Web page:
If your employer does not offer tuition assistance, there are many forms of financial aid available though your prospective school. There are scholarships available through the North Carolina State Firefighter’s Association and the North Carolina Association of Rescue and EMS. Scholarships are offered to the members and children of members of the organizations for two- and four-year institutes of higher learning. The associations can be accessed at www.ncsfa.com and www. ncarems.org respectively.
Ongoing training and in-service training
As responders we need to learn the new technologies and advancements in our business, but we also need to continually train on the fundamentals that make us good at what we do. Are your training resources being used to their full potential? We need to ensure that we are not just meeting the time requirements to recertify or meet the departmental minimum. Are we truly making ourselves better at what we do?
This need can be met by our in-house instructors and staff. At the volunteer level, this can be accomplished on “training night.” Career departments can save on training budgets by training on-duty during shifts by completing training evolutions and drills with scenario-based training or “training in context.” Materials for drills can be as simple as blocks of concrete to be lifted and moved using cribbing and pry-bars or using existing equipment on the truck for evolutions for fundamental fire attack or water supply training. I was reminded very recently (the hard way) by my volunteer fire chief that we all need to practice using the fundamental skills no matter how many years of experience we have.
EMS in-service can be challenging even to the bigger services with training coordinators and in-house instructors. How do we pay for instructors, training materials, mannequins and overtime salaries for paid personnel to come in on their off day for training? This could be an even bigger problem the smaller services who do not have EMS instructors or resources to oversee and coordinate the program. These services rely totally on the local community college as a teaching institution and many departments or EMS services do not compensate employees even for off duty (call back) training.
Self-study programs are one way of cutting down actual class room hours. Trainers can compile information into a study packet and include a written test to insure compliance. Trade magazines and journals are great resources that provide great articles that provoke thought and further study. Some journals provide an article, test and provide CEU.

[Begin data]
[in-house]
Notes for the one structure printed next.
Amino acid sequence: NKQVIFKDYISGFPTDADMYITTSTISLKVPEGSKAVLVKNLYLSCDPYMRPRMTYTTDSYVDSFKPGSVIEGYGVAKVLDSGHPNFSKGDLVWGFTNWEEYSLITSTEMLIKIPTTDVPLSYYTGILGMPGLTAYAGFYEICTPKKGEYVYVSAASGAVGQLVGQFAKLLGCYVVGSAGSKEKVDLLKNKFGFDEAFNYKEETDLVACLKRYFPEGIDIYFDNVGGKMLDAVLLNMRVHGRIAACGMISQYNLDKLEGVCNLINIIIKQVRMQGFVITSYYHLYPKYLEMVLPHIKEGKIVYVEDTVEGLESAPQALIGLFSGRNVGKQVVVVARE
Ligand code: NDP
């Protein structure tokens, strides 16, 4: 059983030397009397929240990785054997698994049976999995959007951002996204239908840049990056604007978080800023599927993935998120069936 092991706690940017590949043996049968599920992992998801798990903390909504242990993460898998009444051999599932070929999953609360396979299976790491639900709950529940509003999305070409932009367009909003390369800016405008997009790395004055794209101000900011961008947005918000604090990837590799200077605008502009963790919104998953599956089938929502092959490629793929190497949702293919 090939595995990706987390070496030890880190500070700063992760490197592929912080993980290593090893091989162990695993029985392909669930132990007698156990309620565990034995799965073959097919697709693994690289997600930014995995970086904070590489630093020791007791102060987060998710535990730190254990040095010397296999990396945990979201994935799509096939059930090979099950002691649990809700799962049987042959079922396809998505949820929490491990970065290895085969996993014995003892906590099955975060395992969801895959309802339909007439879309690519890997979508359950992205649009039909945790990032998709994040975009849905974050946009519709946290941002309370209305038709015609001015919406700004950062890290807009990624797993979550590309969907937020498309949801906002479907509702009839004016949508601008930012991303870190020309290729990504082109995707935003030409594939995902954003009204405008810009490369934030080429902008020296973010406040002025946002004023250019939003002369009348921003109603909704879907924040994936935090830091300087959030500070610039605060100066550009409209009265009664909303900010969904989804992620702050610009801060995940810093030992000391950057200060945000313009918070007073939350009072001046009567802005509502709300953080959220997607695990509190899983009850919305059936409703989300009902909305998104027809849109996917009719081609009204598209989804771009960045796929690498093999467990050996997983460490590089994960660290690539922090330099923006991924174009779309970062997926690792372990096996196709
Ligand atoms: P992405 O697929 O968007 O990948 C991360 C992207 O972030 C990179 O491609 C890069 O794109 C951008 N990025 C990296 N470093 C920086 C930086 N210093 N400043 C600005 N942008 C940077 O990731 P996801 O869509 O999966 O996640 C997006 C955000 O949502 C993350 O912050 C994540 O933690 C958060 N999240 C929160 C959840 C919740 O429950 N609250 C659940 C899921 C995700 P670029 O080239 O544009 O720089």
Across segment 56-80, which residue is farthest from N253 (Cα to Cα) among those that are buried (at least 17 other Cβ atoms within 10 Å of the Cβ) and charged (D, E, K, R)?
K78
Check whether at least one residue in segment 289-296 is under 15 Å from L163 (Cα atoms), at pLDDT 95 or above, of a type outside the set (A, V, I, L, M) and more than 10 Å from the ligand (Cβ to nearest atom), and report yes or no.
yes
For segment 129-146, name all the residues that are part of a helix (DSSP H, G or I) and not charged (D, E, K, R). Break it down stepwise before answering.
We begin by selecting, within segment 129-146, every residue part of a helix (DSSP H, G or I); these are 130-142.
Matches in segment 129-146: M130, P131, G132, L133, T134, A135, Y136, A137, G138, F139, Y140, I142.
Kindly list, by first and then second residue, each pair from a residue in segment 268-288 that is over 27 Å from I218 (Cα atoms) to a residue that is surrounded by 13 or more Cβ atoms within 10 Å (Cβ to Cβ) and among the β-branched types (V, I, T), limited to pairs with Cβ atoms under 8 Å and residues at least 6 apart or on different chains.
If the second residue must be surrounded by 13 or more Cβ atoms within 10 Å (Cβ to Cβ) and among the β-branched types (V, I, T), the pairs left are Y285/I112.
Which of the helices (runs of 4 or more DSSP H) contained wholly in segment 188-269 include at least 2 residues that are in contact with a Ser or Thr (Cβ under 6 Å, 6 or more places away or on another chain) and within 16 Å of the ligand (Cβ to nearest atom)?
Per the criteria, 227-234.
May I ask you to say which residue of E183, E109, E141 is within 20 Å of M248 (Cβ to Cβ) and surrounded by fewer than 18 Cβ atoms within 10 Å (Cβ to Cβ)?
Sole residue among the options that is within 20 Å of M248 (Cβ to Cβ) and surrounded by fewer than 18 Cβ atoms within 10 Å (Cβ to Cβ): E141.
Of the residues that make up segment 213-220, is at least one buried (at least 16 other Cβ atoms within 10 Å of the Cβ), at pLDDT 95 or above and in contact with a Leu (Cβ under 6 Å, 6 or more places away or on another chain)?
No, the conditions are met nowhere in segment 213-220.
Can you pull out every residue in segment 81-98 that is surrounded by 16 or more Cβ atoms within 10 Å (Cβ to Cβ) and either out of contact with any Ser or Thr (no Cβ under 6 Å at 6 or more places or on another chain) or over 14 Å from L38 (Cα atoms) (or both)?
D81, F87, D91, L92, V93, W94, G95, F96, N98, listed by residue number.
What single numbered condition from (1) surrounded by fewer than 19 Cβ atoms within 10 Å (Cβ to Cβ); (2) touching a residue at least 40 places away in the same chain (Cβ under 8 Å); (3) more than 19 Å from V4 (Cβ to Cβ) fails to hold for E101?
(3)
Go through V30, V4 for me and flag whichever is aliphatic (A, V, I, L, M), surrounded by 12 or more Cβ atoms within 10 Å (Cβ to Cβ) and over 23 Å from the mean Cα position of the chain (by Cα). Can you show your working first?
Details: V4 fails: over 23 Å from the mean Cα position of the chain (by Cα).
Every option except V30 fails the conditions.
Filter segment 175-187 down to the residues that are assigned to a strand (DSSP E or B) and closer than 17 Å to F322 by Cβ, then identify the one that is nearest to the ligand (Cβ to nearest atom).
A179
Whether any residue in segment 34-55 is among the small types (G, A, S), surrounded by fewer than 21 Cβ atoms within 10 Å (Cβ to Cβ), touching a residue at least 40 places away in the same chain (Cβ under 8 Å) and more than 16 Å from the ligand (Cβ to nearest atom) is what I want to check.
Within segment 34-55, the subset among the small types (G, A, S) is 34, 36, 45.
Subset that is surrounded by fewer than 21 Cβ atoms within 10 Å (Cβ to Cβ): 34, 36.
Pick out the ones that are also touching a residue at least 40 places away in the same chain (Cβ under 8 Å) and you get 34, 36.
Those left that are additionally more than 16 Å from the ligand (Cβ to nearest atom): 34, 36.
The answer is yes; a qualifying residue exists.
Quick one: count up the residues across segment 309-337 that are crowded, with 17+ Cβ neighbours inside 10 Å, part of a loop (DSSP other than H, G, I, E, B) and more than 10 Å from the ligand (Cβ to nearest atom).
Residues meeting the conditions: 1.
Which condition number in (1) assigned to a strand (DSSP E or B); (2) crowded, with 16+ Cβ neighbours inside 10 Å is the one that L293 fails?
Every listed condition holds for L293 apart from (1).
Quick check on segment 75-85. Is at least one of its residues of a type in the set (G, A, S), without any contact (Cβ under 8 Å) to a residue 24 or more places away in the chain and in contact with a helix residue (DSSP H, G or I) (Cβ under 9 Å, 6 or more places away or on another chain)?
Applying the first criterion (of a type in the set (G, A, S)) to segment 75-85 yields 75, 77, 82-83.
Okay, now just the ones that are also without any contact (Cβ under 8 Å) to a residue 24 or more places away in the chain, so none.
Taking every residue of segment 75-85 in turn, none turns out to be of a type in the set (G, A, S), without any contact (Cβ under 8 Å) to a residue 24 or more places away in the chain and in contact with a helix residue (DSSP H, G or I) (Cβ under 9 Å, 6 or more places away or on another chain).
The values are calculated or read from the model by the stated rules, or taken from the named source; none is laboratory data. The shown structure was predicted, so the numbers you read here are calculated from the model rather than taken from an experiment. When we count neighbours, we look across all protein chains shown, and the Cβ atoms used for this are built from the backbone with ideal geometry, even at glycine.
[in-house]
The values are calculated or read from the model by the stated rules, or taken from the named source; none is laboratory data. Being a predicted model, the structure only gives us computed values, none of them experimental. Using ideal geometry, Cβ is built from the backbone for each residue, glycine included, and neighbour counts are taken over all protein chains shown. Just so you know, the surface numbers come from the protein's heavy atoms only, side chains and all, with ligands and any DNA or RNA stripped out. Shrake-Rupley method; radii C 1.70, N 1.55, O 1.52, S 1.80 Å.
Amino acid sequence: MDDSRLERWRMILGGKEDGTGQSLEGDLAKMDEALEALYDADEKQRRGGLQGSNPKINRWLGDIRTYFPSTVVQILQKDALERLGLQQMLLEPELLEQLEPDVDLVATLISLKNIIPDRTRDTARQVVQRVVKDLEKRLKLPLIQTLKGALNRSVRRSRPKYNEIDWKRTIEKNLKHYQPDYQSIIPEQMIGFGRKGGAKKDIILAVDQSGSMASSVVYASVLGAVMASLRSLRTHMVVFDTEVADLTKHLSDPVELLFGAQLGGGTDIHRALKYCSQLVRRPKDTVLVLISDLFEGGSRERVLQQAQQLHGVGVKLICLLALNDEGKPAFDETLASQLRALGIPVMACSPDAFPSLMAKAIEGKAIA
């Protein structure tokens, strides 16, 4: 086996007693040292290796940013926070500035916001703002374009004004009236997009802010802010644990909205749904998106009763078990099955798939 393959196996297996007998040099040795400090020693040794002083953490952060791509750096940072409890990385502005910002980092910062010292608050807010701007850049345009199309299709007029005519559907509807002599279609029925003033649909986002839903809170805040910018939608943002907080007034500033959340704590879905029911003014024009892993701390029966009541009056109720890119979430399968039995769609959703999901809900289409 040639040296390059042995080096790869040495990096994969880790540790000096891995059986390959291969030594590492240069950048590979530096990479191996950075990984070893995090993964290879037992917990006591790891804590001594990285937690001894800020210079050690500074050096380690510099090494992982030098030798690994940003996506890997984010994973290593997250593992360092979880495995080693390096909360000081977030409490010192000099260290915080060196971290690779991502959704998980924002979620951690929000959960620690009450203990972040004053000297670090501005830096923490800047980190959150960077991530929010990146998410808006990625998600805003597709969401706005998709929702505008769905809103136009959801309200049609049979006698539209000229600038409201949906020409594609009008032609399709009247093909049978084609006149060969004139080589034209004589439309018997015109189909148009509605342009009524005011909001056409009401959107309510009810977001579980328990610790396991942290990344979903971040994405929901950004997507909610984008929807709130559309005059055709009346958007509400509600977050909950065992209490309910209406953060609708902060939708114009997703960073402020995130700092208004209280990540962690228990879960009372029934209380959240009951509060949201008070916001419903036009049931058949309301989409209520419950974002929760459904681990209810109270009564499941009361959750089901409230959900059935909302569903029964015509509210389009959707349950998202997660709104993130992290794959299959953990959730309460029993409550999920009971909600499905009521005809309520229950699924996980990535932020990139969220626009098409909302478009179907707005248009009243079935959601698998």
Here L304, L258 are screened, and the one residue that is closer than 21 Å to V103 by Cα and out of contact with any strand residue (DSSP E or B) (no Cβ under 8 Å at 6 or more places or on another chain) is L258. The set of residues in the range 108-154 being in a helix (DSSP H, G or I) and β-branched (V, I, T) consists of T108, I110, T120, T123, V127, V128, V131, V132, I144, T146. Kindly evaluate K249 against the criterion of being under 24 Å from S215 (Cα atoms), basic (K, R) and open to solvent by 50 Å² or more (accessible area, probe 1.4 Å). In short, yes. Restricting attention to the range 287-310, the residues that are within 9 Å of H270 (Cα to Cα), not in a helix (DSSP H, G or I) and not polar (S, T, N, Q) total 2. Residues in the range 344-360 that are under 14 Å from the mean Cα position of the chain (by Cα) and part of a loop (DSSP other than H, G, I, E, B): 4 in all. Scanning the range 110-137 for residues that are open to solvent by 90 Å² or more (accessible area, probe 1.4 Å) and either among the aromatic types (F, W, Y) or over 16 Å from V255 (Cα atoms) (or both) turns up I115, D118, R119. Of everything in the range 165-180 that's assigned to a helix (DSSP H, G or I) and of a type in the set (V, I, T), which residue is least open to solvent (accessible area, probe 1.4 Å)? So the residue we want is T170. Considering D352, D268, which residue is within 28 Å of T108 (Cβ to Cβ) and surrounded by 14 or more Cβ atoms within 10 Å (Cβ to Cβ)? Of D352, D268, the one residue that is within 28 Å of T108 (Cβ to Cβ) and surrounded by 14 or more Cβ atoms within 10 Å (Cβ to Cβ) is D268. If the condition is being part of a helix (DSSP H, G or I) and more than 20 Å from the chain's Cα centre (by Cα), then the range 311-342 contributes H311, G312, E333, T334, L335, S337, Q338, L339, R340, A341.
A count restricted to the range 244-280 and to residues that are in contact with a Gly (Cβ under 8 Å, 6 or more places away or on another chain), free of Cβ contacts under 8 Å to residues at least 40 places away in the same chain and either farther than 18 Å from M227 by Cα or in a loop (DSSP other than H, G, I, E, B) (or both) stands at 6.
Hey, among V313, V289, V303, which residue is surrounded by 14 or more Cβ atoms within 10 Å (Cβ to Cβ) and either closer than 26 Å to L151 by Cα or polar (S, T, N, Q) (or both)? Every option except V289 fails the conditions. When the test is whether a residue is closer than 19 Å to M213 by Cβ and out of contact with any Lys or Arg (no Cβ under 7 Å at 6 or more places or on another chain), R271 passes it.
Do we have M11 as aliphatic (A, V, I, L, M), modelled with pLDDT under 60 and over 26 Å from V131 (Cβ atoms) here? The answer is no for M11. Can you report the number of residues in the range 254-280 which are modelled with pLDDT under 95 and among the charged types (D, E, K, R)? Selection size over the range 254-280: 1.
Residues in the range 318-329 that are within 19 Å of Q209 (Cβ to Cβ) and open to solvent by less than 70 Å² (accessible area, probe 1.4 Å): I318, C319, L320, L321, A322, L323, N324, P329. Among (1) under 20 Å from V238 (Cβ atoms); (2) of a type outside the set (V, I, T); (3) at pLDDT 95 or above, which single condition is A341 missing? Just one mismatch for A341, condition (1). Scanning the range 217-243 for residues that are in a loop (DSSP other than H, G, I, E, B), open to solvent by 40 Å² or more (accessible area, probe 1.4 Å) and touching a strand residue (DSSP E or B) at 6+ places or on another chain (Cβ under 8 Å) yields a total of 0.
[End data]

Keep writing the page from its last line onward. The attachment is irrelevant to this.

There are also commercial subscription-based programs that can assist fire, rescue and EMS agencies with on-duty training. Various subscription based programs offer an online and DVD/lesson plan/classroom option for one price. I utilize some of these systems as an additional training resource and have been impressed by the quality of the programs and the speakers in the videos.
Subscription based and online training cannot replace live training and drills, but it can supplement your existing continuing education program. The cost of the subscription based programs may be offset by the need to pay employees to come back for off duty training. Some community colleges are offering EMS “continuing education” in an online or hybrid format.
A hybrid format allows the learner to complete classroom type work online while practical skills are completed on-site with an instructor. Check with your local community college for distance learning availability. Follow your local EMS system plan and check to make sure that your plan does not exclude or limit online training. The National Registry of EMT’s limits the number of online and self-study hours to be used for continuing education to 10 hours and the program must be approved by the state or CECBEMS .
The fact remains that we need to continue to train our fire, rescue and EMS personnel to the highest standards available. The safety of our crews is at stake and your customers are counting on you to make a difference. The fact also remains that the availability of funds is dwindling for much of our industry. Unfortunately, we have more questions than answers. There is no magic spell or silver bullet for this problem. If we all come together, share ideas and work together, maybe we can help ease the strain on all of us.